Dynah hesitates, Clea sees it in her hands before she says. “Don’t overextend yourself. There are other ways Coomera can get the crops they need.”
And then she’s gone, striding ahead to join Alma at such a pace Clea couldn’t keep up even if she wasn’t shocked into almost missing a step. Other ways? She doesn’t get a chance to think on it before Ava is beside her again. Her face is still grim, but it’s aimed, this time, at Dynah’s back.
“I don’t trust that woman,” Ava says. “She’s been staring at you all afternoon.”
Clea tucks herself into Ava’s side, ignoring the heat of the day for how Ava’s warmth makes her hands ache. “I don’t know what to make of her,” she admits.
Ava huffs. “Stew if she makes the wrong move toward you.”
“That’s horrible,” Clea says, carefully cultivating her straight face. “Your stew is atrocious.”
Ava laughs so loud at that it’s entirely worth the dirty look Gus shoots them.
The fields are…quite large. As Clea stands before the newly tilled earth she’s suddenly very glad for Ava calling upon Gabrielle. Fionn and Lydia have joined them too, called back by Gus no doubt – keeping the princesses all in one place means the guards are too. They’re fanned out at Clea’s back, keeping the crowd of townspeople at a respectable distance.
And there is a crowd by now. Clea can feel them – a wall of jostling warmth at her back, different but just as oppressive as the heat in the air. It’s mortifying, having so many people witness perhaps her grandest magic attempt. But then it’s also a very real reminder of what’s at stake should she fail. These people—these lives—behind her are on the line. It’s a line Clea intends to move.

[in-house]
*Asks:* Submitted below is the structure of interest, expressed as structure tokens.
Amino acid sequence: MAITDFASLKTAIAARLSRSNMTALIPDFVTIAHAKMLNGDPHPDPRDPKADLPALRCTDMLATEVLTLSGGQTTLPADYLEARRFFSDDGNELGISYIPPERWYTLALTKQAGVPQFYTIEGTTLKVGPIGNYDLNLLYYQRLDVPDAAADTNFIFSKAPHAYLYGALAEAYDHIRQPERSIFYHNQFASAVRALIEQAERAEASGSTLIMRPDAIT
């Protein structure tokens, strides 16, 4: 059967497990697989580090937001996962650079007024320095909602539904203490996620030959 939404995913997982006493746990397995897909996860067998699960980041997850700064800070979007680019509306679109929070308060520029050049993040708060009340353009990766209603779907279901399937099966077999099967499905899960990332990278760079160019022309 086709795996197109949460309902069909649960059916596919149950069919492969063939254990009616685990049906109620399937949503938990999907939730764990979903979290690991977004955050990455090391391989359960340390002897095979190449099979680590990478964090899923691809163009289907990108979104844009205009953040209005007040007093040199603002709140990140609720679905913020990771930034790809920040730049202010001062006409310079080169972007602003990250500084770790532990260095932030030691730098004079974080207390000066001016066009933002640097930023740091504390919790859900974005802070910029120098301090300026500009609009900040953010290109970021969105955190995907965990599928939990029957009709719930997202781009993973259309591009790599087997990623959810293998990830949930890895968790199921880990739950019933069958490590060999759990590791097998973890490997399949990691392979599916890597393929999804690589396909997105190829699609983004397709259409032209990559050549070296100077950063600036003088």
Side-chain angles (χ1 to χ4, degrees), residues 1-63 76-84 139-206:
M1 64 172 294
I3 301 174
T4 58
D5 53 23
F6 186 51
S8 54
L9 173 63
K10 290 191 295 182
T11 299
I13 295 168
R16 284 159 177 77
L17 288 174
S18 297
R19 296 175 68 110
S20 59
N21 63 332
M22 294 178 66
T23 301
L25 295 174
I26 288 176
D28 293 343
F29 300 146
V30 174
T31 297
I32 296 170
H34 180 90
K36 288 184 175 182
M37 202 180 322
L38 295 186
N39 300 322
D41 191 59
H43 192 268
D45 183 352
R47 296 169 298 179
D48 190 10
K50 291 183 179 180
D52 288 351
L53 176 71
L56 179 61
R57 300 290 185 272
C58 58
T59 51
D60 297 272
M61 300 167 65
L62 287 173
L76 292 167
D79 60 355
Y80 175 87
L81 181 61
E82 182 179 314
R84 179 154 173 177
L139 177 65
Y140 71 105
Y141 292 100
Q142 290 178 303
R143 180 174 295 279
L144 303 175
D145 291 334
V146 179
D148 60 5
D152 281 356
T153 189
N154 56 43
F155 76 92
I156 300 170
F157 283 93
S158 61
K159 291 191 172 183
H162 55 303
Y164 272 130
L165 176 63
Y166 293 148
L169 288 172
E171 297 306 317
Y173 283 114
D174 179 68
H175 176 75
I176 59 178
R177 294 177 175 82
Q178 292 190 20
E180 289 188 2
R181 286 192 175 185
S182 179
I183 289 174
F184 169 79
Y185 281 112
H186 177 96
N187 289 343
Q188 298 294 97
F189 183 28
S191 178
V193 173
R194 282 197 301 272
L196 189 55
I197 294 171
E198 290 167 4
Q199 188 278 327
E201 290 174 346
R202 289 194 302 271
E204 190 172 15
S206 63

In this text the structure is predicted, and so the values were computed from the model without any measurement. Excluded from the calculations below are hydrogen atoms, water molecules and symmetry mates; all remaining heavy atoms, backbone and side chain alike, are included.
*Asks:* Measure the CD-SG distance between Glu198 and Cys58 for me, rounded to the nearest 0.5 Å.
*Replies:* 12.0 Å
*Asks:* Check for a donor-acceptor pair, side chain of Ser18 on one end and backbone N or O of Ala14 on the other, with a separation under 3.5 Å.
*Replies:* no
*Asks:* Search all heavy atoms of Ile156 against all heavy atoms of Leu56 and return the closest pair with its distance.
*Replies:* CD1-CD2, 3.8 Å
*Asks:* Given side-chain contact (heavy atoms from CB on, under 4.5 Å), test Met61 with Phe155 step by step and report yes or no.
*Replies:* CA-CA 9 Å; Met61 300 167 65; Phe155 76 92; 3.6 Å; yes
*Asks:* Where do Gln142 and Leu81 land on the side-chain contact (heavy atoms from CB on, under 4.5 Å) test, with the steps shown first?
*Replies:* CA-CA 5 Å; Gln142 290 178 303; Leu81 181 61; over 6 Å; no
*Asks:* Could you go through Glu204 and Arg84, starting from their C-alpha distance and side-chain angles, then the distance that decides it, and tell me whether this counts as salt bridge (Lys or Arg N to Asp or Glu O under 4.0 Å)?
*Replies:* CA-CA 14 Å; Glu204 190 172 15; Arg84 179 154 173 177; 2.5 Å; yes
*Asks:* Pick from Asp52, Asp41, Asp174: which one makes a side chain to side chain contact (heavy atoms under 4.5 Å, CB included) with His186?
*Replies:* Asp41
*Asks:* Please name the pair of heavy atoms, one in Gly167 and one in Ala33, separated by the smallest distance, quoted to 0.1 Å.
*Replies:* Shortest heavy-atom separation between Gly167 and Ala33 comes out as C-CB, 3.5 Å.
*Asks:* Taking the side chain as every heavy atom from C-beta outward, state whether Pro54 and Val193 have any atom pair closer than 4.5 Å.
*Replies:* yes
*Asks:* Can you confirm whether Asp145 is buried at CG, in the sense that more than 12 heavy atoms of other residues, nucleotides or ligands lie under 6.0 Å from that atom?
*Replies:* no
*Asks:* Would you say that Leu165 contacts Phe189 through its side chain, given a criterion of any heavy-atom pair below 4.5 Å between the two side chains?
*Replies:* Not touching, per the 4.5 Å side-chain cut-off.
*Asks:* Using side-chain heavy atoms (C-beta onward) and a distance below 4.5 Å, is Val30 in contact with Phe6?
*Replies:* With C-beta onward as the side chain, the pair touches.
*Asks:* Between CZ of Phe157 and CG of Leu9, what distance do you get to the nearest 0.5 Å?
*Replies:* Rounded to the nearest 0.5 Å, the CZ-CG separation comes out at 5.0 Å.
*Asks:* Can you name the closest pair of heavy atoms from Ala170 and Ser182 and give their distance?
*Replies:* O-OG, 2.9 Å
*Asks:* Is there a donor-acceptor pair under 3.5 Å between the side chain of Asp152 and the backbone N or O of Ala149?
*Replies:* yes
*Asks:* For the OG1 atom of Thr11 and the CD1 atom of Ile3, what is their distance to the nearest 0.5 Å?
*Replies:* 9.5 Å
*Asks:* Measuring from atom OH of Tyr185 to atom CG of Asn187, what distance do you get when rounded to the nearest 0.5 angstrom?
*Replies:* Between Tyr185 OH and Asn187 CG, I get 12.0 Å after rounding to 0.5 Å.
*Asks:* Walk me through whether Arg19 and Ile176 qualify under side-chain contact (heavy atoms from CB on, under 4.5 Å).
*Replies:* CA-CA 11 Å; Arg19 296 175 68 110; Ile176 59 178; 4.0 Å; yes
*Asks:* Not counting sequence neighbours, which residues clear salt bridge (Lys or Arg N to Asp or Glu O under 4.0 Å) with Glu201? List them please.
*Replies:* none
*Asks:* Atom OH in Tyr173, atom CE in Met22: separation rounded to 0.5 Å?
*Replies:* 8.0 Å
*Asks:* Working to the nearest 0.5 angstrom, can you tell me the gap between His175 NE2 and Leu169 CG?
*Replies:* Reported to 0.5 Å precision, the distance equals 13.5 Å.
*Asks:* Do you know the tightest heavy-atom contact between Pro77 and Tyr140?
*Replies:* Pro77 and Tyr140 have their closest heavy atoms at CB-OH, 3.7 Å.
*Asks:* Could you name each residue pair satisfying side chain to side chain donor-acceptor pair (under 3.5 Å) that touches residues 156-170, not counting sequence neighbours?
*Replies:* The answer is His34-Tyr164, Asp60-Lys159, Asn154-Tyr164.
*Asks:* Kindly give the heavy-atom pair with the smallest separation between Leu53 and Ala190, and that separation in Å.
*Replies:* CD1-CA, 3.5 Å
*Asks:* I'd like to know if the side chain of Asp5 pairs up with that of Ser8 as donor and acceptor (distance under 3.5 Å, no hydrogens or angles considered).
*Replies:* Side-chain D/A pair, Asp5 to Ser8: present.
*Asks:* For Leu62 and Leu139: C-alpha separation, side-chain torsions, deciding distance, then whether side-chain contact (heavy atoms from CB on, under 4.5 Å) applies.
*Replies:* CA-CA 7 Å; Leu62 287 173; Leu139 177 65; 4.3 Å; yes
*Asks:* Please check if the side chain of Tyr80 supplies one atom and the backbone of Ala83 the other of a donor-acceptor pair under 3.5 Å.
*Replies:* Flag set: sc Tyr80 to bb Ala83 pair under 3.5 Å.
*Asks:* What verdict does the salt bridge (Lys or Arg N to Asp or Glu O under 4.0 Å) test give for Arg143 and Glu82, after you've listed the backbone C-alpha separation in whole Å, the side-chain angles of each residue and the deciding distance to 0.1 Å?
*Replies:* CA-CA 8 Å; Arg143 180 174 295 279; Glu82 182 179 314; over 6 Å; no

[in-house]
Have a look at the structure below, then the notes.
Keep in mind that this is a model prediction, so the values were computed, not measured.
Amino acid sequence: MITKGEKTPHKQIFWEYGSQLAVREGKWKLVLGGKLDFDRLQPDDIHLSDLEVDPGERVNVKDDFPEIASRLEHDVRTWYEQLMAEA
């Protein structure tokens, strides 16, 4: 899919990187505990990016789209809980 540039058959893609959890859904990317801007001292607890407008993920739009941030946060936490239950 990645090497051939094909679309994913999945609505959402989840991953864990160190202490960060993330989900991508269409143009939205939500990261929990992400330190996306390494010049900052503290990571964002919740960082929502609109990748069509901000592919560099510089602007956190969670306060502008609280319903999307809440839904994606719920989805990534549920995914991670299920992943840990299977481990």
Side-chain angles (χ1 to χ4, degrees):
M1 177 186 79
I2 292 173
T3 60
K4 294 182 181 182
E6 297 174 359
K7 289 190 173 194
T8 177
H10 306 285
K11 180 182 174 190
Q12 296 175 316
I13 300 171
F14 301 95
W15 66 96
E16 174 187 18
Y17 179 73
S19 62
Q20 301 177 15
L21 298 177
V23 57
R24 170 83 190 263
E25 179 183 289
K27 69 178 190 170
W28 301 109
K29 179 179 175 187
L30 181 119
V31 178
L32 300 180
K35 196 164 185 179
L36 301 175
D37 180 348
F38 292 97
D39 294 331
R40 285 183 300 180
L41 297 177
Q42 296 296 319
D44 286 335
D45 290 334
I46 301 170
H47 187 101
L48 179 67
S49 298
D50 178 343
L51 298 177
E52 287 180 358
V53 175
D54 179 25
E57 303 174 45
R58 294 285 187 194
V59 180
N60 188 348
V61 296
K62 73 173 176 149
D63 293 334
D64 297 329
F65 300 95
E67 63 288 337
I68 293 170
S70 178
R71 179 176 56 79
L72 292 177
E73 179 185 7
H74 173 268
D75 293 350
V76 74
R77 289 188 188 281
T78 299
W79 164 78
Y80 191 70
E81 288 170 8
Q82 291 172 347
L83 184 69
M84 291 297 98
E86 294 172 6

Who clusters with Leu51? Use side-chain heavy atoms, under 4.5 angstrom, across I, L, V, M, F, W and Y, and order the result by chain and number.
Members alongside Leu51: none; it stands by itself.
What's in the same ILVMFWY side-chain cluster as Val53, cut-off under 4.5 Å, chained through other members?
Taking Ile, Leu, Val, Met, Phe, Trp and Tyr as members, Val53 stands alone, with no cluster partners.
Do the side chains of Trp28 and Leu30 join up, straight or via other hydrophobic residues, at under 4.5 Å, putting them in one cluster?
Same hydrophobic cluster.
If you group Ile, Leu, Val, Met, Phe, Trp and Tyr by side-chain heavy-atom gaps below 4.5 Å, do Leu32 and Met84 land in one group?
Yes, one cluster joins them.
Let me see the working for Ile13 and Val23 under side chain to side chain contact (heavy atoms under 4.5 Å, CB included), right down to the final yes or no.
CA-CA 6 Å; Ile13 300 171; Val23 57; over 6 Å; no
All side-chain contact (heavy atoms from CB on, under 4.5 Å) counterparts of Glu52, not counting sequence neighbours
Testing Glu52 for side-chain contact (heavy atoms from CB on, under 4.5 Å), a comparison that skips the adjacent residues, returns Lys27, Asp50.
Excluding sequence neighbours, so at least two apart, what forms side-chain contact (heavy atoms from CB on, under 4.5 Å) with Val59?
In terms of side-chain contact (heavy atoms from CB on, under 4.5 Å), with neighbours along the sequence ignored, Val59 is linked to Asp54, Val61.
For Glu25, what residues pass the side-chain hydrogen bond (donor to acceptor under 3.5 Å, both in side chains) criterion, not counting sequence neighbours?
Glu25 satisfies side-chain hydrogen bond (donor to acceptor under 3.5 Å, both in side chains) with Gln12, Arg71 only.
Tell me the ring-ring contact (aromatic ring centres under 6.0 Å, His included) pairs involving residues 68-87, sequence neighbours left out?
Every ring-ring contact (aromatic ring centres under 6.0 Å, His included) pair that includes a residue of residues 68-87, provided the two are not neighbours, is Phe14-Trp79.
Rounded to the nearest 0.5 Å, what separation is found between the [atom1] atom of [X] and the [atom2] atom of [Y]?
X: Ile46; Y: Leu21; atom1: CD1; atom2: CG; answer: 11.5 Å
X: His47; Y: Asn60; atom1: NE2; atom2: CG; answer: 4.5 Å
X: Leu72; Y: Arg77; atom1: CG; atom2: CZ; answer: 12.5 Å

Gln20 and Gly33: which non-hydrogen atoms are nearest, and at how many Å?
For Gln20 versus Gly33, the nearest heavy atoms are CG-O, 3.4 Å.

The good news is, just as she can feel the crowd, she can feel the seedlings in the earth before her. A new planting, already struggling but still there – still flickering. Clea puts her hands out and feels the potential in it.
Just like the Hazavana, she says to herself and she gets to her knees in the dirt.
She’s heard other princesses say they call on their magic. Clea doesn’t. Never has to. It’s always there, warming her heart just as the earth under her hands warms her palms. It’s just a question of channelling it, directing it to where it needs to go.
Today it needs to go further than it ever has.
She expects Gabrielle to join her, both kneeling in the dust like they’re at Dragon Benediction. Ava’s sudden presence at her other side is a surprise, but a welcome one.
When she turns to look, Ava nods at her. “You got this.”
It’s exactly what she needs to hear as she sucks in a lungful of dusty air. She turns, nodding at Gabrielle, an unspoken thanks. Gabrielle smiles at her, looking young and tired but still here, kneeling in the black sand for their people just like Clea is.
Her people. Clea steels herself, closes her eyes, and digs her fingers—and her magic—into the earth.
The first few yards are easy as breathing – tiny flickers turning to steady flames and finally roaring fires as Clea pushes her magic through them and beyond. The crowd at her back stirs, she can feel it, warmth bristling in their excitement and Clea has to block them out as she focuses forward.